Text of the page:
Active investment management’s weekly magazine for fee-based advisors

A game plan for winning

by | Jun 1, 2016 | Advisor Interviews

Proactive Advisor Magazine: Garry, talk about your overall philosophy when it comes to working with clients.

Sports have always been a big part of my life. I was a four-sport athlete in high school and went on to play Division I baseball. I was scouted by the pros and played in the Chicago Cubs organization. I still officiate high-school sports and am very involved with a special ministry called Coaches Outreach.

Athletics taught me a lot of great life lessons: the importance of preparation, how you must work consistently toward your goals over time, and why it is necessary to set long-term objectives that will move you toward achieving what is most important to you. Those attributes or lessons can be directly translated to the work I do with clients. In fact, my website goes under the name of “Make Plans to Win,” and I tend to use a lot of sports analogies in explaining planning and investment concepts to clients.

One analogy I use relates to how I form a working relationship with clients and, in turn, with my trusted outside resources. I tell the client they are like the owner of a professional sports team. It is their hard-earned money and, ultimately, they have the authority and the responsibility to make the decisions.

But they have hired me as their general manager and head coach. It is my job to do everything in my power to put together a sound plan of action and to assemble the highest-quality coordinators, assistant coaches, and players to help their team achieve consistent success. For example, I conduct an extensive evaluation and selection process of third-party money managers on behalf of my clients. I will recommend the use of the most appropriate ones that fit the investment needs for a specific client. I think this simple analogy of assembling a great team makes a lot of sense to people.

“It is my job to do everything in my power to put together a sound plan of action and to assemble the highest-quality coordinators, assistant coaches, and players to help [my client’s] team achieve consistent success.”

How do you approach the planning process?

I have clients of all ages, but the majority are thinking about retirement or already in retirement. Making sure they do not outlive their assets or their ability to generate retirement income is generally their number one concern.

Geneos' Garry DippelI use an excellent software program that helps me guide people through the planning process. It is essentially a lifestyle analysis and plan. We look at breaking down the answers to several big questions with clients: 1. What are their current resources, and what will they likely look like in the future? 2. What essential income needs will there be in retirement? 3. What things do they want beyond the bare necessities, such as helping children and grandchildren with education expenses? 4. What are their aspirations for the future—their true wish list? The last question might cover things like buying a second home or relocating; plans for extensive travel; or leaving a meaningful legacy to family, church, or charity.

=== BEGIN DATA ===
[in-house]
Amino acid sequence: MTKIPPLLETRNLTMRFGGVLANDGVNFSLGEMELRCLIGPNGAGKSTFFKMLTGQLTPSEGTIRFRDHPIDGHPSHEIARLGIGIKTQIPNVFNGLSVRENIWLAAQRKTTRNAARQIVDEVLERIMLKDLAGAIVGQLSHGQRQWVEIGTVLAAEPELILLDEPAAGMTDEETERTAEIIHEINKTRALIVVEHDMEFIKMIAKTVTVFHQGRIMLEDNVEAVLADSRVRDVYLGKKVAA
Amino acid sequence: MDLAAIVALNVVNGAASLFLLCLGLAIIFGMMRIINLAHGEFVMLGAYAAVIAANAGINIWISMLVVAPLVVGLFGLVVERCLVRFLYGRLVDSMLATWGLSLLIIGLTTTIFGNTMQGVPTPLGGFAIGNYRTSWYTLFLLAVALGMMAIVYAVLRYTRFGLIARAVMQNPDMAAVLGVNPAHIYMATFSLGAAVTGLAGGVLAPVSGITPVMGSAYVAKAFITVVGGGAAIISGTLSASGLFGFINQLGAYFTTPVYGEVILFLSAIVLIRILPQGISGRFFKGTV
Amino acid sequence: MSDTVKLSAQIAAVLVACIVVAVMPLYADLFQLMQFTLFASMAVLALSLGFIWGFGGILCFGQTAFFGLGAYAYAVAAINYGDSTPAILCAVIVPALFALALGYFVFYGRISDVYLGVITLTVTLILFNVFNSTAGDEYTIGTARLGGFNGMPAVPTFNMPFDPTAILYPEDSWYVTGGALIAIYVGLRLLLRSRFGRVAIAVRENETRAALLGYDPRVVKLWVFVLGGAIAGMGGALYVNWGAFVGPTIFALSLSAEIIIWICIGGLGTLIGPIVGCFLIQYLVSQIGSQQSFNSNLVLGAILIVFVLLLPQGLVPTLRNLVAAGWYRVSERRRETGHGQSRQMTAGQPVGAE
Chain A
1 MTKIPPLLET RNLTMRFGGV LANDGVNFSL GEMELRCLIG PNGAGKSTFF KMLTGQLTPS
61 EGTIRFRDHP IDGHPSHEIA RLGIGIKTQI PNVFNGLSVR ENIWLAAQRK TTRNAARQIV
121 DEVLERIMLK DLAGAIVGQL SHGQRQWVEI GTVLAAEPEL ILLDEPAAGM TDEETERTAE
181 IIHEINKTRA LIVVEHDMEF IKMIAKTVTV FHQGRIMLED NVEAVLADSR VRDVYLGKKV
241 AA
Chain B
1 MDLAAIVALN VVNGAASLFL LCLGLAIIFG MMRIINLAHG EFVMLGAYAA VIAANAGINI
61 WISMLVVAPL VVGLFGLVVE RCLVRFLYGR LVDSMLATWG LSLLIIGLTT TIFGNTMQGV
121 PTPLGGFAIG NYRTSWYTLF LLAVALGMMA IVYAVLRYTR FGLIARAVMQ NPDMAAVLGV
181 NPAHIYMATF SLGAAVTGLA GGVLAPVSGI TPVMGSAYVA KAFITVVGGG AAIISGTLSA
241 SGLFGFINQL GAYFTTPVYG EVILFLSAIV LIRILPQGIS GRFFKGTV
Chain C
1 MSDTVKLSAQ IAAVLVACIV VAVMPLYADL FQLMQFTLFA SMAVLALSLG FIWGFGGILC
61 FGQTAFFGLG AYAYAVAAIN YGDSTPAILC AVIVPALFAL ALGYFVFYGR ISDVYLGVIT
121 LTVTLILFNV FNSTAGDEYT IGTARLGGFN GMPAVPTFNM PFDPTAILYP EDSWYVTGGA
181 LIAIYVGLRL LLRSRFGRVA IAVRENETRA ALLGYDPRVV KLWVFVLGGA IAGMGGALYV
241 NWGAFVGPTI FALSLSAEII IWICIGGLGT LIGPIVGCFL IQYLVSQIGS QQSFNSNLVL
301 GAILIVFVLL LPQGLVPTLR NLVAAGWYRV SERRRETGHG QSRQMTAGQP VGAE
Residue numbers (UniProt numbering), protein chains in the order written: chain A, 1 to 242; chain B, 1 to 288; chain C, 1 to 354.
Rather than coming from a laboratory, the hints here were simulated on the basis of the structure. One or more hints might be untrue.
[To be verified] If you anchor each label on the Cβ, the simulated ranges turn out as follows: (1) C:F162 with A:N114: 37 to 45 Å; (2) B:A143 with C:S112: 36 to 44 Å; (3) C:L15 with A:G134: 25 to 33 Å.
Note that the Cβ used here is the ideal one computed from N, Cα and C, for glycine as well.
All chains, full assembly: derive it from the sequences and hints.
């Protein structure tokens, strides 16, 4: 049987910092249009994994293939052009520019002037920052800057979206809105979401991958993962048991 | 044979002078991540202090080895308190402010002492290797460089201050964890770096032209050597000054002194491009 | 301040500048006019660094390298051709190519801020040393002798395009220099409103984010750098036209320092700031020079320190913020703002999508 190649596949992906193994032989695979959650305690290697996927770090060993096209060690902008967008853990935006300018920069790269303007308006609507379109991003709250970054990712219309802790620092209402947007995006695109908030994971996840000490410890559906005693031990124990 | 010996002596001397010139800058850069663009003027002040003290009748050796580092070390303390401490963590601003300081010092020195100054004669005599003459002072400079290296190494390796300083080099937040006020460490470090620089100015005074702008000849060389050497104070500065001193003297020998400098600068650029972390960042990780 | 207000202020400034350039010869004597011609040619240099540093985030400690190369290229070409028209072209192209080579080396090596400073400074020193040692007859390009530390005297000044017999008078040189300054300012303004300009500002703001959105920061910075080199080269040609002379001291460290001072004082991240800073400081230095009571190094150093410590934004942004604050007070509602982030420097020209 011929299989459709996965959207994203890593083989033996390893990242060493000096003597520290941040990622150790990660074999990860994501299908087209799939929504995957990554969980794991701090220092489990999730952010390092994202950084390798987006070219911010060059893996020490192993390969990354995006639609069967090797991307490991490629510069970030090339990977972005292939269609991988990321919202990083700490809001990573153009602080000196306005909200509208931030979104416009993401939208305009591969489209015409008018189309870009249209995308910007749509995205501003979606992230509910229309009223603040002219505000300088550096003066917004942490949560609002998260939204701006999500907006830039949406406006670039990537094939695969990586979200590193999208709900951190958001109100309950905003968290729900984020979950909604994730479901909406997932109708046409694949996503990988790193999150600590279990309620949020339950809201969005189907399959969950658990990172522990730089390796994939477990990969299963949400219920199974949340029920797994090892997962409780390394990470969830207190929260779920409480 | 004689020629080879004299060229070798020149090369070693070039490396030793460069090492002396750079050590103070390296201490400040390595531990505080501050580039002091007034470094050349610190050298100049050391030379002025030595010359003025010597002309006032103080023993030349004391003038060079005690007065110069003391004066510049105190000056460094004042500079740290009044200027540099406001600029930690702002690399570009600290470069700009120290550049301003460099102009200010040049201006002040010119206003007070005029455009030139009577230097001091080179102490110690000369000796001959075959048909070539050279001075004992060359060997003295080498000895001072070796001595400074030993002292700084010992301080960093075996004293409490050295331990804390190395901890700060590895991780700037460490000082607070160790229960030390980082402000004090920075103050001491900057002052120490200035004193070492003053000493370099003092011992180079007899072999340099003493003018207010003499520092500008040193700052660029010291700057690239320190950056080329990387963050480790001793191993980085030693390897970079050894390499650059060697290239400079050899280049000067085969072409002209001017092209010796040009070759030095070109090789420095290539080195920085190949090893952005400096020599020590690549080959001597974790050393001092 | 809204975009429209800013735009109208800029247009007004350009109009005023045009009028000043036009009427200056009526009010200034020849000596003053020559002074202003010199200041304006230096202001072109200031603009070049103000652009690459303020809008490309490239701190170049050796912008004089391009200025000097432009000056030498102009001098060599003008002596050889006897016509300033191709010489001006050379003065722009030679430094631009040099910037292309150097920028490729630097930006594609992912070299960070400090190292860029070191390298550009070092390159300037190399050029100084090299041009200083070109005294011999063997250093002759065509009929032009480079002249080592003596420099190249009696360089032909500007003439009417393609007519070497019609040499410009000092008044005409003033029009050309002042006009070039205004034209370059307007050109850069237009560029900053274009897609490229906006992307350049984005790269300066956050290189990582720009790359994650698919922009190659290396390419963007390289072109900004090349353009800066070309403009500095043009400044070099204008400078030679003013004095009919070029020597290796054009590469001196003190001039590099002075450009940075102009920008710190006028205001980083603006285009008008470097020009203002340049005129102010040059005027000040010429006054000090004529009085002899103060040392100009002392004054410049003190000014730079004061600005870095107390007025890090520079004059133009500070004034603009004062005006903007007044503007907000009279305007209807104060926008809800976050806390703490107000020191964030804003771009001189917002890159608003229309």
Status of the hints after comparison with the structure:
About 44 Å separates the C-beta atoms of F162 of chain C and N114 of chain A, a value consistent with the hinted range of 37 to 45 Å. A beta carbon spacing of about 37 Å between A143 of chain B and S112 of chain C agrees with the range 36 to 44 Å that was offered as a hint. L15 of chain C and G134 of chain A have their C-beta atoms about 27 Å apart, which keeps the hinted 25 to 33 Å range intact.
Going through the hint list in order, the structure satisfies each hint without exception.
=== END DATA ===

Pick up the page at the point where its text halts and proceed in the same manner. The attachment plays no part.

One of my favorite sayings is “a goal without a plan remains a wish.” Our goal is to make those wishes become a reality if at all possible. In working with the client to answer these questions, we identify the appropriate inputs, crunch the numbers, and run Monte Carlo simulations, all using the software.

What to do with that information is part art, part science, and part experience. I will look at adjusting some factors and assumptions to develop a plan that has a reasonably high probability of success. What happens if a client or one partner in a couple retires earlier or later? What about different Social Security claiming strategies? What happens if assumptions about savings rates, contributions to retirement plans, spending patterns, or investment returns are tweaked? This becomes an interactive process with the client, and I try to make sure they are comfortable with the inputs. They can then take ownership of the plan. This ideally becomes a living plan that can be adjusted over the years as life circumstances change, which they inevitably will do.

When the plan is complete, how do you execute on the investment side?

That is where the team concept really comes into play. Any leader, coach, or business person is only as great as the team they surround themselves with. That is why I consider it my job to put the best money managers and investment vehicles to work for each client.